An Un-Bill-ievable Career
Jackson has been successful during his time in the NFL, rushing for over 5,600 yards and racking up over 2,600 receiving yards as well. On average, Jackson was running for 4.4 yards per carry, a very respectable mark for a player in an offense that has struggled to throw the ball for the vast majority of his time in Buffalo.
What makes his totals more impressive is that he was not always used as the number one running back, with the Bills drafting and acquiring multiple high profile running backs during that eight year period. And while Jackson had to battle injuries throughout his time with the Bills, being buried behind the likes of C.J. Spiller, Marshawn Lynch, and other high profile backs stunted Jackson’s growth from the beginning.
Jackson’s Next Move
Now that he is no longer with a team, the next move is for Fred Jackson to find another squad to play for. And Jackson is already being linked to one of the best teams in the National Football League, as he has taken a physical with the two time defending NFC champion Seattle Seahawks, where he has the chance to be reunited with his former backfield mate in Marshawn Lynch.
Pairing Jackson in the backfield with Lynch would be a great move for the Seahawks for a number of reasons. Already tabbed by American football tipsters as one of the favorites to win Super Bowl 50, adding Jackson to their offense would allow Lynch the opportunity to sit more plays out to keep him healthier for the all important playoffs. Meanwhile, Jackson would be able to transition from having to be a number one running back to a more complimentary role, allowing him to enjoy a lower pressure situation which can only positively impact performance.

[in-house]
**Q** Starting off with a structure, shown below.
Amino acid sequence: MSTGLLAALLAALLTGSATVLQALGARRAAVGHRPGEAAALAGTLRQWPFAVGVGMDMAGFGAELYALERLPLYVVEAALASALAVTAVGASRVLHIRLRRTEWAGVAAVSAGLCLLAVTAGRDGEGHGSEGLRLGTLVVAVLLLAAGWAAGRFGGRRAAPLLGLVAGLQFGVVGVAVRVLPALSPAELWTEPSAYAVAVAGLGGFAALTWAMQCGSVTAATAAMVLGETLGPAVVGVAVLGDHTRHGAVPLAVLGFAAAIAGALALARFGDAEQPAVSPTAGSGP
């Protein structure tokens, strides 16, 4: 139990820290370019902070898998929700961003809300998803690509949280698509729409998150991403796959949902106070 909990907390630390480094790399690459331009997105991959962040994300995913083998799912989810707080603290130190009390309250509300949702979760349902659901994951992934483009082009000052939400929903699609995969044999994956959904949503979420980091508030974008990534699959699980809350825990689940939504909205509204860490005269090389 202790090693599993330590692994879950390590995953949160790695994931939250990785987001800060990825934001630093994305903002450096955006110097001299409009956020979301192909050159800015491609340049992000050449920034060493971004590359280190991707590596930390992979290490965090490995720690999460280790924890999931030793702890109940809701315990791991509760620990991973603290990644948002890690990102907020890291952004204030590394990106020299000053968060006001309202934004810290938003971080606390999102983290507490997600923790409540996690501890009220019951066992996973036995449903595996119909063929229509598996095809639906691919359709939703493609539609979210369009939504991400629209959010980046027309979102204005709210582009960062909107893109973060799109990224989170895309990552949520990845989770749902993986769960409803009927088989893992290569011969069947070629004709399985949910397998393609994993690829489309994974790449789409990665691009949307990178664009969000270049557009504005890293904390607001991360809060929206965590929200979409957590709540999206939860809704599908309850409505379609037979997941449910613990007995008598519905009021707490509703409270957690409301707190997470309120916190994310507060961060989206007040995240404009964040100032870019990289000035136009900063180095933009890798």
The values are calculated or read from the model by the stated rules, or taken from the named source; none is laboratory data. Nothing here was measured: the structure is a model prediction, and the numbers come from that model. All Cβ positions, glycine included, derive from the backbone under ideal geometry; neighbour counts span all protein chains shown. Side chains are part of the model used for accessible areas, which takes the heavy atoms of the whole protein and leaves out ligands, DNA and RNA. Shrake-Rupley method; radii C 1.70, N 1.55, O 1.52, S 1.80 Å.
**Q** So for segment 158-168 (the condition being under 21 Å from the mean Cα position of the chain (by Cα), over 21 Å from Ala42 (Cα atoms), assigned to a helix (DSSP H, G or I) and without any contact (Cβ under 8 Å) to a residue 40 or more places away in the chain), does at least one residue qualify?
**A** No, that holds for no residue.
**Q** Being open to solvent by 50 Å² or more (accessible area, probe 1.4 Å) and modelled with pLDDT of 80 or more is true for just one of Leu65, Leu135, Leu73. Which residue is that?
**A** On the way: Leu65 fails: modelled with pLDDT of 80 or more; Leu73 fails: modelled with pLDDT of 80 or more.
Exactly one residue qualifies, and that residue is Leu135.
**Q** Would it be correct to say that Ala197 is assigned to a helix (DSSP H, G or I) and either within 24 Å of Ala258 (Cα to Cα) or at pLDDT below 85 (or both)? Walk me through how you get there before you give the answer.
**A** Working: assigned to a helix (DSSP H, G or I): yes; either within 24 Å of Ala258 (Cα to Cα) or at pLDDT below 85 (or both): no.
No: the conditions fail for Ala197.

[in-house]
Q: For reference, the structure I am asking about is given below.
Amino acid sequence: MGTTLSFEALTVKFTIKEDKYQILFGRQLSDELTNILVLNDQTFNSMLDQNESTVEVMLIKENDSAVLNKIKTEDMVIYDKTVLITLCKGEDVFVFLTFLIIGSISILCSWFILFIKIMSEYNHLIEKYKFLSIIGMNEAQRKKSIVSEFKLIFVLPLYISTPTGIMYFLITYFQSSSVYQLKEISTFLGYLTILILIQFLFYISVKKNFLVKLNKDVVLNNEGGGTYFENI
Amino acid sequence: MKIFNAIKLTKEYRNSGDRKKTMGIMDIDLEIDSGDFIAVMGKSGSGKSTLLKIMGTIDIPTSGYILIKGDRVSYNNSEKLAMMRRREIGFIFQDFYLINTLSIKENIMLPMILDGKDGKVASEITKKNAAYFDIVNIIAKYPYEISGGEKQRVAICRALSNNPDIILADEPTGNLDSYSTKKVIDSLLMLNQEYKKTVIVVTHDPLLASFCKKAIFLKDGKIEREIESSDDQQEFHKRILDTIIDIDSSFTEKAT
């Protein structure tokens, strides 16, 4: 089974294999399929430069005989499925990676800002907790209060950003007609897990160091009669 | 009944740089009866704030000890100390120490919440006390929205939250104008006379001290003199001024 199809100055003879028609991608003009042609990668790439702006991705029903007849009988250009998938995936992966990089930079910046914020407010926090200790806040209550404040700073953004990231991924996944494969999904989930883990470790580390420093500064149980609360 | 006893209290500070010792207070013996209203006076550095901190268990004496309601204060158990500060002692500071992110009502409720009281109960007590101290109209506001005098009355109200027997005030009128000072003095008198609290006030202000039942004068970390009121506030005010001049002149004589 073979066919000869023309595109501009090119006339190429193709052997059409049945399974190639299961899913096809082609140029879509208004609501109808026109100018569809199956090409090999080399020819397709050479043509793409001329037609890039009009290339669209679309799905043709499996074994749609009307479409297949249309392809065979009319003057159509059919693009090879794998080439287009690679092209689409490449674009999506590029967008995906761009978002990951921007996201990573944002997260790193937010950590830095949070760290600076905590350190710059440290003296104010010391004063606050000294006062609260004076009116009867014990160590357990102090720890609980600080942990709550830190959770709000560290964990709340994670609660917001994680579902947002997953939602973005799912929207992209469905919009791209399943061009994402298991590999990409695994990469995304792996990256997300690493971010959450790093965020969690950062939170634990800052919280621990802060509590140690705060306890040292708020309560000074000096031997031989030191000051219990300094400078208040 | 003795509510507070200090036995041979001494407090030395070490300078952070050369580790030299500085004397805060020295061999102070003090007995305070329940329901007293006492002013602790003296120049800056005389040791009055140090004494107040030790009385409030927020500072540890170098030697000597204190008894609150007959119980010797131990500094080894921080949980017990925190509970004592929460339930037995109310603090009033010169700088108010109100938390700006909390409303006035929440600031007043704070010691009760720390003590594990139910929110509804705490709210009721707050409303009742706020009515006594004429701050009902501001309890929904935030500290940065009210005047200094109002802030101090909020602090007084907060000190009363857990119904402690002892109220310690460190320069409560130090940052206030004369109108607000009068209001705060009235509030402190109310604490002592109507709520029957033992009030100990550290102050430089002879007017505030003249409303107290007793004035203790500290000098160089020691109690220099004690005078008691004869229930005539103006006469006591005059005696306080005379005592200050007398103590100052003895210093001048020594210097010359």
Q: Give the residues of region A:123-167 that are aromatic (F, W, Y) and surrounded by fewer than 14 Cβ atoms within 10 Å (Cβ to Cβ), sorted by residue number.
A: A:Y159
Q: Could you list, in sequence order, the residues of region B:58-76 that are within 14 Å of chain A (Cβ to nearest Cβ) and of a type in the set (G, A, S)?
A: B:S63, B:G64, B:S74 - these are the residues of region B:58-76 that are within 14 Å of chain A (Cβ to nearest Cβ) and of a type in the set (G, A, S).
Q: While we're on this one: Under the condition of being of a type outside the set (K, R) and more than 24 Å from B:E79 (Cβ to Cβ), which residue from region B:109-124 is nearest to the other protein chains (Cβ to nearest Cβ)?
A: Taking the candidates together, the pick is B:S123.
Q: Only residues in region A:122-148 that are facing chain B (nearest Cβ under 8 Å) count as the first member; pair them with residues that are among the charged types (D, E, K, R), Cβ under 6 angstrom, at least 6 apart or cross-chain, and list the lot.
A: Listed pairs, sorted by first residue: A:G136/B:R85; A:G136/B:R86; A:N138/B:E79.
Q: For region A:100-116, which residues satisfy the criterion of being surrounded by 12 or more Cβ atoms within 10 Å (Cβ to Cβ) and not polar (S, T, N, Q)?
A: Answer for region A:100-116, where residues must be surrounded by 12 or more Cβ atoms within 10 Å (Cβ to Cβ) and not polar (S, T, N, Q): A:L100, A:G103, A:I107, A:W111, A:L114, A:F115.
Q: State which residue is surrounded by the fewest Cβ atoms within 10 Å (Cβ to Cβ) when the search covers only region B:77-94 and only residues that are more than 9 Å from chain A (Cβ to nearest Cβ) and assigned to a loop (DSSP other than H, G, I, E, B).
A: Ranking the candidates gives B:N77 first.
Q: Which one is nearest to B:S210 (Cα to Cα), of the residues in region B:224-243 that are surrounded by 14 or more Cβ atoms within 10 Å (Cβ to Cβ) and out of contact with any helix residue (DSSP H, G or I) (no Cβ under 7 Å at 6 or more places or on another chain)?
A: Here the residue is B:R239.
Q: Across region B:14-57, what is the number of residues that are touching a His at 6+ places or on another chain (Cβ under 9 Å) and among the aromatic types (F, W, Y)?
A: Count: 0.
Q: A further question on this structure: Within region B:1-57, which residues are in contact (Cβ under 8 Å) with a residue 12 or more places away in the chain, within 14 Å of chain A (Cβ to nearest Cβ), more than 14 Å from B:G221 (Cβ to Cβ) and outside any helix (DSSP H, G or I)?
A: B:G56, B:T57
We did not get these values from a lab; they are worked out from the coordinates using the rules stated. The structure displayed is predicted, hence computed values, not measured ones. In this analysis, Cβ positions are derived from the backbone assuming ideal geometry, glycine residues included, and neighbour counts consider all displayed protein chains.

Buffalo’s Big Mistake
The Bills made a lot of noise this offseason by bringing in former Philadelphia Eagles running back LeSean McCoy, which allowed them to feel as though they could get rid of Jackson. But that decision could end up hurting Rex Ryan’s squad if McCoy’s running style doesn’t mesh well with the offense of the AFC East team.
McCoy, despite being one of the better running backs in the NFL, likes to employ a high number of cut backs and lateral movements, which can be harmful to an offense that prides itself on physical play. Whether McCoy is effective or not remains to be seen, but losing Jackson certainly doesn’t improve the team when looking at their backups.
By: Jason M. Sanin]]>